In the photo below, Bub is thinking, "Wow. My mom is amazing. Not only did she obtain these dollar store chip clips, but look how easily she organizes and maneuvers her cards. When I grow up, I want to be just like her."
I have my dear friend E... to thank for the idea (one of her first pins) of using toothpicks and marshmallows for construction. Read all about her toothpick architects here. My boys enjoyed eating and building for about fifteen minutes, maybe twelve. I'll take it.
Is that Diet Coke still cold? I'm just getting warmed up. I had every intention of trying that pin where you photograph your child holding his/her hand out and then print the photos and attach a sucker to that hand. My sister LAP apparently nailed it with those, but since she hasn't sent me the proof we'll just have to take her word for it.

Little Bit and Sweet P had store-bought Valentines with a little photo (printed on full-sheet labels) stuck on the back.
Bub's Valentine is self-explanatory, despite the crappy photography. Note to self: start such projects before 6 p.m. on February 13th so that you can take decent photos in natural light instead of overly yellow ones because you don't know how to use your camera.

Printed Bub's photo on sticker paper and attached to pieces of cardstock (four cards per page).
Also photographed his "your friend" and cut it out and affixed it. He then signed his own name on each card. I thought they were cute!
[Side note: I saw a blog post and also several tweets with some snide comments and eye rolling about homemade valentines. I just want to go on record as saying that some people (like myself and my Bub) enjoy doing that kind of stuff. Really.]

Last and BEST of this week's Real Women of Pinterest post, I have a seasonal project from my friend Sue. We lived next door to each other freshman year of college and stayed up late each night, eating pizza nachos and talking about all the craft projects we hoped to accomplish over the weekend while the other girls were out drinking.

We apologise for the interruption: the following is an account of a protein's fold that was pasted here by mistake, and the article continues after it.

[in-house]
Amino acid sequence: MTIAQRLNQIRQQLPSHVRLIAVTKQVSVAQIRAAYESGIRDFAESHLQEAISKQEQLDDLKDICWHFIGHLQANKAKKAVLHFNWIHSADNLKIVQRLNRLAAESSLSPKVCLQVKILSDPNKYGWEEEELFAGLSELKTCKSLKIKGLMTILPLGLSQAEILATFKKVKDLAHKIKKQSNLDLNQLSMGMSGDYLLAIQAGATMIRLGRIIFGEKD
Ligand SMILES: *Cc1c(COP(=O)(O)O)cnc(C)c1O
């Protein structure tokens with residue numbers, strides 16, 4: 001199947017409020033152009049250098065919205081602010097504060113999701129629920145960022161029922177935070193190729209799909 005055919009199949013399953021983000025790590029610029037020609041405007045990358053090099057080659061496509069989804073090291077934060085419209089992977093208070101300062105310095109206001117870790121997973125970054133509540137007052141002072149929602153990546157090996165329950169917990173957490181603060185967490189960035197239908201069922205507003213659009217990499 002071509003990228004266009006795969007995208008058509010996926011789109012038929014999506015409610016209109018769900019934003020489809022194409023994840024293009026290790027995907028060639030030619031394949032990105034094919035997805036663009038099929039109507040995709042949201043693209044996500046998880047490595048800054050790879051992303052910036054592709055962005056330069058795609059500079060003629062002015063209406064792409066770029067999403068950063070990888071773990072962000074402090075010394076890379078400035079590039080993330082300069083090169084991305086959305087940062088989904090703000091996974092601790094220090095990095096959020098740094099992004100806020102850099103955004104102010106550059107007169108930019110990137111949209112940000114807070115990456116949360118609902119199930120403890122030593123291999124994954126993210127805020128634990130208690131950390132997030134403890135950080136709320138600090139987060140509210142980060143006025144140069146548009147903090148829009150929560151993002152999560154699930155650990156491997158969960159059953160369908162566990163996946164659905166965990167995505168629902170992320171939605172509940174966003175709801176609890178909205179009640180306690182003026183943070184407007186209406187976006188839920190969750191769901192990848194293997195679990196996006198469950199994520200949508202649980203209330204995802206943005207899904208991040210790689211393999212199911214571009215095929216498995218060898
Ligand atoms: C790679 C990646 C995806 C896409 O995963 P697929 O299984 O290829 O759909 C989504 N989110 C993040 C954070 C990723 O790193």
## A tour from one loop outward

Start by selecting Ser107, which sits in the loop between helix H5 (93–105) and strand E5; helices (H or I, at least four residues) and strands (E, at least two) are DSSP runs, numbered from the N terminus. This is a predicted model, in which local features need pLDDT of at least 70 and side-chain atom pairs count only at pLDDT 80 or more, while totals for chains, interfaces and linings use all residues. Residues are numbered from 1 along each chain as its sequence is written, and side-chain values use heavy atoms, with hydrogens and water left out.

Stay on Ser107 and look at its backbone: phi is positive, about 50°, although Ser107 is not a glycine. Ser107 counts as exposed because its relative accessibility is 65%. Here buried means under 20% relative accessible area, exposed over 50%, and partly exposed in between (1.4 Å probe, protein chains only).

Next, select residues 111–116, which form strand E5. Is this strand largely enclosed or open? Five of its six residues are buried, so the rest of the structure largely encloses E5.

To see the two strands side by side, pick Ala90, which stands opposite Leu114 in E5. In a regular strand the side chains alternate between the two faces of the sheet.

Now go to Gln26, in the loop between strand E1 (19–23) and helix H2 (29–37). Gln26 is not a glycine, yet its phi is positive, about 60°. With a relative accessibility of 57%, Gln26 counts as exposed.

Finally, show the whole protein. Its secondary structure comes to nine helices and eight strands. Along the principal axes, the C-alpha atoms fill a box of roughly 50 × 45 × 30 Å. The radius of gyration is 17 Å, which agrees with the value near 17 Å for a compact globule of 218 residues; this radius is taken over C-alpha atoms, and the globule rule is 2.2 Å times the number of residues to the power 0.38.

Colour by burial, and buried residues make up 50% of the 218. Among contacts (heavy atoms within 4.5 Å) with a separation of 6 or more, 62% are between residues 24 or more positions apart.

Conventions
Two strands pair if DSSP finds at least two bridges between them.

A Chicagoland native, Sue spent years in Texas and now lives in New Orleans, where she recently finished taking the Louisiana bar exam. She's ready to join the Mardi Gras festivities now that the exam is over. I've included her explanation (italicized) and some photos of her awesome final product.

Well, here it is. My first (and likely only) completed Pinterest project. OK, not really completed if you look at my front door, as I need two wreaths. But, the second one will have to wait until after we attend our next parade on Friday. I used an absurd amount of beads on this. Glad I can restock for free, and have little helpers to grab up everything I need.
I started at this site.
But of course, every craft store in the New Orleans area is out of that wire wreath ring (I was told many times that they are on a boat from China.). So white styrofoam had to do. You can see the white peek through a little (shows up more in photo than in daylight), but I have low standards when it comes to seasonal crafty things, so I just rolled with it. I still wrapped the foam ring with floral wire, which I only needed to get started. Once I attached one strand for that bottom layer (the green/purple), I could lock the next strand to the previous. That worked better than I thought. The top layer is three strands (gold, purple, green) braided, with one strand attached to the next, for what seemed like eternity. Used a little hot glue for a few places that looked insecure, added the little masks and draped the beads over top. I'm happy with how it turned out, but too bad its a little late (Mardi Gras is less than a week away, and most people have had their doors/mailboxes decorated since mid-January). At least I'm ready for next year!
Thanks for inspiring me to become a Real Woman on Pinterest!

Thank YOU for sharing and for reminding us all of a key to keeping it real and enjoying Pinterest-ing: just roll with it. Also, how about we pause to admire how completely gorgeous Sue's front door is. Even without the Mardi Gras wreath, I'd pin that door.

If you've been inspired by Pinterest, link up your posts below or send me pics of your Pinterest creation -- mep AT nottobrag DOT net.

Also, please pause to admire this button that my friend Christina made for this RWOP endeavor.
Visit this post of hers if you want the code to get your own RWOP button.

Wednesday, February 8, 2012

RWOP: So-so Diggity

When I started this blog almost five years ago, I didn't foresee a future where I'd post photos of my children's dinner. But here we are. Me, you, and some corn dog muffins, inspired by this Pinterest pin about mini corn dog muffins.

I've discovered that my operating procedure for Pinterest projects is as follows: look at the photo, glance once at the original post, give it a whirl.

So for the mini corn dog muffins, I thought, "I have two boxes of corn muffin mix and some hot dogs, let's go." I photographed the whole process, but since my final product was iffy, I'm not going to tease/insult you with a detailed play-by-play.

I followed the directions on the box, sliced my hot dogs in paranoid no-choke slivers, and let the kids stick them in the middle of the muffin cups.
Here they are fresh out of the oven. Although the appearance is a bit uneven, I think the slivers were a good call. I don't know that I would have felt comfortable having one large, circular, brownish/pinkish disc in the middle of each rounded muffin.